Welcome to WebmasterWorld Guest from 54.242.206.44

Forum Moderators: goodroi

Message Too Old, No Replies

E.U. Calling For Much Larger Fines For Companies Breaching Privacy Law

     
4:07 pm on Jan 21, 2014 (gmt 0)

Administrator from GB 

WebmasterWorld Administrator engine is a WebmasterWorld Top Contributor of All Time 10+ Year Member Top Contributors Of The Month

joined:May 9, 2000
posts:22718
votes: 291


The EU's justice commissioner has called for bigger fines for companies that breach European data privacy laws.

Viviane Reding dismissed recent fines for Google as "pocket money" and said the firm would have had to pay $1bn under her plans for privacy failings.

Ms Reding said such punishments were necessary to ensure firms took the use of personal data seriously.

And she questioned how Google was able to take so long to getting round to changing its policy.

"Is it surprising to anyone that two whole years after the case emerged, it is still unclear whether Google will amend its privacy policy or not?" she said in a speech.E.U. Calling For Much Larger Fines For Companies Breaching Privacy Laws [bbc.co.uk]


Earlier stories

E.U. Says Google Must Come Up With More Concessions Over Anti-Trust Investigations [webmasterworld.com]

Google's Global Privacy Counsel Says EU Privacy Laws "Flawed" [webmasterworld.com]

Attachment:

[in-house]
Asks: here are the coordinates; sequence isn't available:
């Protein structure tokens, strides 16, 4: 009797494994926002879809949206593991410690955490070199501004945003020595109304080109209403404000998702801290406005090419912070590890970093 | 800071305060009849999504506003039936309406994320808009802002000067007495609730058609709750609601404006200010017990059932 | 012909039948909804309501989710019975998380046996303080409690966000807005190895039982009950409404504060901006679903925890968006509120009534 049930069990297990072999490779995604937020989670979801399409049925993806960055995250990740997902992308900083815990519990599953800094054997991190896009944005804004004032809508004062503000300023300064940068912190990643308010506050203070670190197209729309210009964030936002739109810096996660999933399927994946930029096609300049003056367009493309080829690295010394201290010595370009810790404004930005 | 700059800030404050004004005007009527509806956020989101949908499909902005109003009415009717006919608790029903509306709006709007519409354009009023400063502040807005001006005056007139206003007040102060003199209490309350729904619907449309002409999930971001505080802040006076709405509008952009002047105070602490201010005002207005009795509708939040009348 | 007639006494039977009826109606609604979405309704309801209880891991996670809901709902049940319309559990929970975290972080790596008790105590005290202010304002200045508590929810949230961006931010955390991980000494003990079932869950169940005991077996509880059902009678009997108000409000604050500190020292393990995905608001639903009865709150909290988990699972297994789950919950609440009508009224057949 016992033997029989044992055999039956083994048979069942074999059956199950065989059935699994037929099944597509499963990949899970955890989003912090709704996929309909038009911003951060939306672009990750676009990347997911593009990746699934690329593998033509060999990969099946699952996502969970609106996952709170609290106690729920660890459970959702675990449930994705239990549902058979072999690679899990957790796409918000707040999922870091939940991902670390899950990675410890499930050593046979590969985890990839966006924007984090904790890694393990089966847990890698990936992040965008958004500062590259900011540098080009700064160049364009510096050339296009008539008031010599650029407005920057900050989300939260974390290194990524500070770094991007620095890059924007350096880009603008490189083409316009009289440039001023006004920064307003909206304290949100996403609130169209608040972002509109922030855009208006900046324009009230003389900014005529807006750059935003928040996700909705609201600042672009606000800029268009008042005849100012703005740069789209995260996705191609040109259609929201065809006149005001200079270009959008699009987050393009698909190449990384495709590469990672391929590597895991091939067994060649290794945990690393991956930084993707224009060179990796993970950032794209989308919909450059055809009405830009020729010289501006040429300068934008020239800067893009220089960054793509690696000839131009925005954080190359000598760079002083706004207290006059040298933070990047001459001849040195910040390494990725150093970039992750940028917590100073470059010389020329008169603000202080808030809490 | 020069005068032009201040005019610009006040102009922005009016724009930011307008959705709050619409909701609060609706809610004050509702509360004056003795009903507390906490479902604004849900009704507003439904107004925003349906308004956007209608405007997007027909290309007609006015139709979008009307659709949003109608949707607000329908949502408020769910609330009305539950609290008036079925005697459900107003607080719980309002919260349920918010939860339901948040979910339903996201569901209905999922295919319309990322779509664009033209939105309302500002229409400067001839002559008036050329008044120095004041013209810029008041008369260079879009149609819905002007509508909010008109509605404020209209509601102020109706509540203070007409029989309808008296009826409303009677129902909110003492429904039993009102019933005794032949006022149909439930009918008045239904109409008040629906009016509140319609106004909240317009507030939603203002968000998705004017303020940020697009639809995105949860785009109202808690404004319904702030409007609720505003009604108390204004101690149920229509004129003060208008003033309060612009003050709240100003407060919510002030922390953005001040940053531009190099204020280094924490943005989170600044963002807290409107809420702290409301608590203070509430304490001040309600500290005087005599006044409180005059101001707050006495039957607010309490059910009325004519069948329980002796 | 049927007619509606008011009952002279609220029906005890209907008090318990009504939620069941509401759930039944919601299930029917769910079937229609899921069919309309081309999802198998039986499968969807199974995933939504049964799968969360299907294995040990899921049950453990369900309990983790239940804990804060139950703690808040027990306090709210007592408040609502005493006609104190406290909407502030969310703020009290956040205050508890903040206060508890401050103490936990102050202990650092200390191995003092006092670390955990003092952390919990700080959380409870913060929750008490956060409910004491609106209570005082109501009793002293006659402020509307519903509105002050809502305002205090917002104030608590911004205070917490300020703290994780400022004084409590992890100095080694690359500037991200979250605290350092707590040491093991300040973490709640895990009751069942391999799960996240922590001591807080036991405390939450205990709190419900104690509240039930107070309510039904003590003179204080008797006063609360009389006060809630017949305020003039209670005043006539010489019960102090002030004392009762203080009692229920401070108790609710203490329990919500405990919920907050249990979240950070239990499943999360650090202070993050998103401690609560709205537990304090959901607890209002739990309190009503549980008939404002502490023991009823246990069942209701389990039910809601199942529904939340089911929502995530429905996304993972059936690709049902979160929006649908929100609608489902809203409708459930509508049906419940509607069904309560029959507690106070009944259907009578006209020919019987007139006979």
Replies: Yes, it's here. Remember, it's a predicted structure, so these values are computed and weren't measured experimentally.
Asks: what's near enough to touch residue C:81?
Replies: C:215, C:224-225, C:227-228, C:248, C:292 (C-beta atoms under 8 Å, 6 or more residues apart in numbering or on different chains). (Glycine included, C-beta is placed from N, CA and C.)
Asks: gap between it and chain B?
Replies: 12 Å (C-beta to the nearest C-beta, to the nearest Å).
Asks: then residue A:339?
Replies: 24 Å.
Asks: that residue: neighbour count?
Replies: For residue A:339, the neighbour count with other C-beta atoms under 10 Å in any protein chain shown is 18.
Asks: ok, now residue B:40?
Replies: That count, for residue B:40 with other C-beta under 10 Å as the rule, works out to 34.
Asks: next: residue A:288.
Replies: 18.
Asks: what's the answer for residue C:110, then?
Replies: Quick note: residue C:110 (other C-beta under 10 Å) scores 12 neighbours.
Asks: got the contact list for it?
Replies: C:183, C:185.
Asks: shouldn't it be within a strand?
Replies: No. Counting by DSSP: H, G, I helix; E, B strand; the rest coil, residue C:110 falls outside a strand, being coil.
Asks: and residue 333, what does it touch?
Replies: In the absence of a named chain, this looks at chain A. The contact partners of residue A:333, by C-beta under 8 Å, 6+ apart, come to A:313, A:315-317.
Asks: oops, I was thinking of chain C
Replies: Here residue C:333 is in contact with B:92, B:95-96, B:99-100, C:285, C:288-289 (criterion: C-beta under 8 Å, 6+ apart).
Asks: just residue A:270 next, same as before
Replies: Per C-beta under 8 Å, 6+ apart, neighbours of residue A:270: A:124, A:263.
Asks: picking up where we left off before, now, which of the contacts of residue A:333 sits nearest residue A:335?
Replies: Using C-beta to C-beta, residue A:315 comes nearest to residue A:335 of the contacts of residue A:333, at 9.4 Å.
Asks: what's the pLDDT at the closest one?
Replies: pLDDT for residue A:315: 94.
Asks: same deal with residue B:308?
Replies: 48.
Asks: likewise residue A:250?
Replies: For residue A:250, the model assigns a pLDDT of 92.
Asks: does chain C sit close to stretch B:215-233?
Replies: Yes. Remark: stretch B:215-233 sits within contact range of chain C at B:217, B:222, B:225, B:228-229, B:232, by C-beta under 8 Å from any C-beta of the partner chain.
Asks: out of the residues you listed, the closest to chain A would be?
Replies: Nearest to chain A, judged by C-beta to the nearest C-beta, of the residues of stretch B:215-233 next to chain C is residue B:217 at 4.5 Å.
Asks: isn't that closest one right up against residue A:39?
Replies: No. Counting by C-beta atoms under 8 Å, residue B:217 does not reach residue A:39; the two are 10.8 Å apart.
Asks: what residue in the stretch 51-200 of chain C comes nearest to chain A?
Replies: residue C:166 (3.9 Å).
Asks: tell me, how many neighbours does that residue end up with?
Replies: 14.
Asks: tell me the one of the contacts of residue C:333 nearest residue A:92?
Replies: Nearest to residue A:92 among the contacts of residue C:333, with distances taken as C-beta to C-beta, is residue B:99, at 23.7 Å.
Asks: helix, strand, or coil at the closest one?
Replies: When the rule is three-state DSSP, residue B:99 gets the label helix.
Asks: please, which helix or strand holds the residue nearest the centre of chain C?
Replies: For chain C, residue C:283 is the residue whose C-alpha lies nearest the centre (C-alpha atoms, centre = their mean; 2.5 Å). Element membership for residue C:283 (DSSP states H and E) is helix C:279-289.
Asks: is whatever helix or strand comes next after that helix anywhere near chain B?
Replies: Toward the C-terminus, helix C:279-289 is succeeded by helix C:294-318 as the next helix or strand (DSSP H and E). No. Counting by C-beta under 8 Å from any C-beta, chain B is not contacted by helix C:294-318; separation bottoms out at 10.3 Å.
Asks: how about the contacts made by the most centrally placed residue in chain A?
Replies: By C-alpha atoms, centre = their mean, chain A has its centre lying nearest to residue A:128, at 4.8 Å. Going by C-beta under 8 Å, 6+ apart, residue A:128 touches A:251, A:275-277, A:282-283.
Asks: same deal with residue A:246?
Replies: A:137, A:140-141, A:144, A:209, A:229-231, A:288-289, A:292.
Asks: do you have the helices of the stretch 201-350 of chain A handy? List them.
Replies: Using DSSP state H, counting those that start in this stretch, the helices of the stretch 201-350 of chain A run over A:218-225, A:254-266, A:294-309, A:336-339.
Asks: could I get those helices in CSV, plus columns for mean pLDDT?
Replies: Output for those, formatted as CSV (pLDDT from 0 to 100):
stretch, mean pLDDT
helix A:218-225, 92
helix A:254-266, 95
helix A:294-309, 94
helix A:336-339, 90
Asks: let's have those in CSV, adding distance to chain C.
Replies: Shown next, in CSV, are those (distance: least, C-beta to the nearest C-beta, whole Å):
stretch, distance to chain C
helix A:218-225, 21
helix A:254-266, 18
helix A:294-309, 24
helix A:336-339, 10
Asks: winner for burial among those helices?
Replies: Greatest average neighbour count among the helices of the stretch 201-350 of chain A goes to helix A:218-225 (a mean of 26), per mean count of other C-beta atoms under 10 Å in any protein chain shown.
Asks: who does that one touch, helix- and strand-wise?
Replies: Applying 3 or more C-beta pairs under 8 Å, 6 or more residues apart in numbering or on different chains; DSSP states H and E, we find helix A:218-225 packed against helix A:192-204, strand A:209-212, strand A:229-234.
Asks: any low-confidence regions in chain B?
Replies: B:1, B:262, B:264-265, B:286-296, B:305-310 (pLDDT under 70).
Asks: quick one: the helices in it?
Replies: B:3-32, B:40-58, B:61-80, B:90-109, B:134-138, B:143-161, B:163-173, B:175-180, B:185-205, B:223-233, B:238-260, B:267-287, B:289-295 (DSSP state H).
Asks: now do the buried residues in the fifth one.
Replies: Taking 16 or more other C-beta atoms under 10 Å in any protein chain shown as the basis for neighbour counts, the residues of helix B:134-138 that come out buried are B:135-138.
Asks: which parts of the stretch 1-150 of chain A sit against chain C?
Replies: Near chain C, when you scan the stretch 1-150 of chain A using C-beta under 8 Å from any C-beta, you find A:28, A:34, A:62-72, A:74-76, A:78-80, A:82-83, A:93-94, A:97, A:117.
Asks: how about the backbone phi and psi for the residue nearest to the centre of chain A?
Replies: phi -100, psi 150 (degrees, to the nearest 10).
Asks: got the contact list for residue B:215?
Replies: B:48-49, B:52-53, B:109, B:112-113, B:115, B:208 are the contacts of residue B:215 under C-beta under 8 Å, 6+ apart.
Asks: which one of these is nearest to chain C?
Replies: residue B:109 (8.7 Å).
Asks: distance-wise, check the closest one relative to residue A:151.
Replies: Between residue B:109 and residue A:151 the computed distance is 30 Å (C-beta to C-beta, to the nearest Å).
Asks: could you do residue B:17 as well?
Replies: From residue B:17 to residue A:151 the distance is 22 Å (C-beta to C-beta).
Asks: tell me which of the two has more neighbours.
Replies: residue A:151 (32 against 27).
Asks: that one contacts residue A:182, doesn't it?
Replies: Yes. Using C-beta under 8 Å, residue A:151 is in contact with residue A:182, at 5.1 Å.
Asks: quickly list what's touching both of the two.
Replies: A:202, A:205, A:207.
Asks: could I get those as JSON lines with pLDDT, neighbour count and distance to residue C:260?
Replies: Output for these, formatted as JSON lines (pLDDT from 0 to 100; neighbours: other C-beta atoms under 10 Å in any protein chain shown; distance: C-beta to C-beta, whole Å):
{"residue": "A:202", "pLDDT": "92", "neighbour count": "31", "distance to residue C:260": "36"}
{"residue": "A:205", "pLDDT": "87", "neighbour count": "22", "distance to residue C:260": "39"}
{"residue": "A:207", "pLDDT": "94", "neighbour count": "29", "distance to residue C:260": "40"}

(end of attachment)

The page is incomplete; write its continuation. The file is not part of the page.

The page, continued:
4:24 pm on Jan 21, 2014 (gmt 0)

Senior Member

WebmasterWorld Senior Member 5+ Year Member Top Contributors Of The Month

joined:June 6, 2006
posts:1140
votes: 25


Google's methods of collecting personal data without express permission is illegal in the EU. Sadly, typical of the EU, the Privacy Commissioner has reached the end of his contract and none of the current applicants have been judged sufficiently experienced to take his place.

However the new directive on online privacy which is slowly wending it's way through the system is even tighter than the present standards so the fines should be coming thick and furious in the future, on a European rather than a country level. A suggested level that is being considered is 2% of global turnover.

Nemesis will come, in due course. Google is not the only company, of course, that could fall foul of this issue.
 

Join The Conversation

Moderators and Top Contributors

Hot Threads This Week

Featured Threads

Free SEO Tools

Hire Expert Members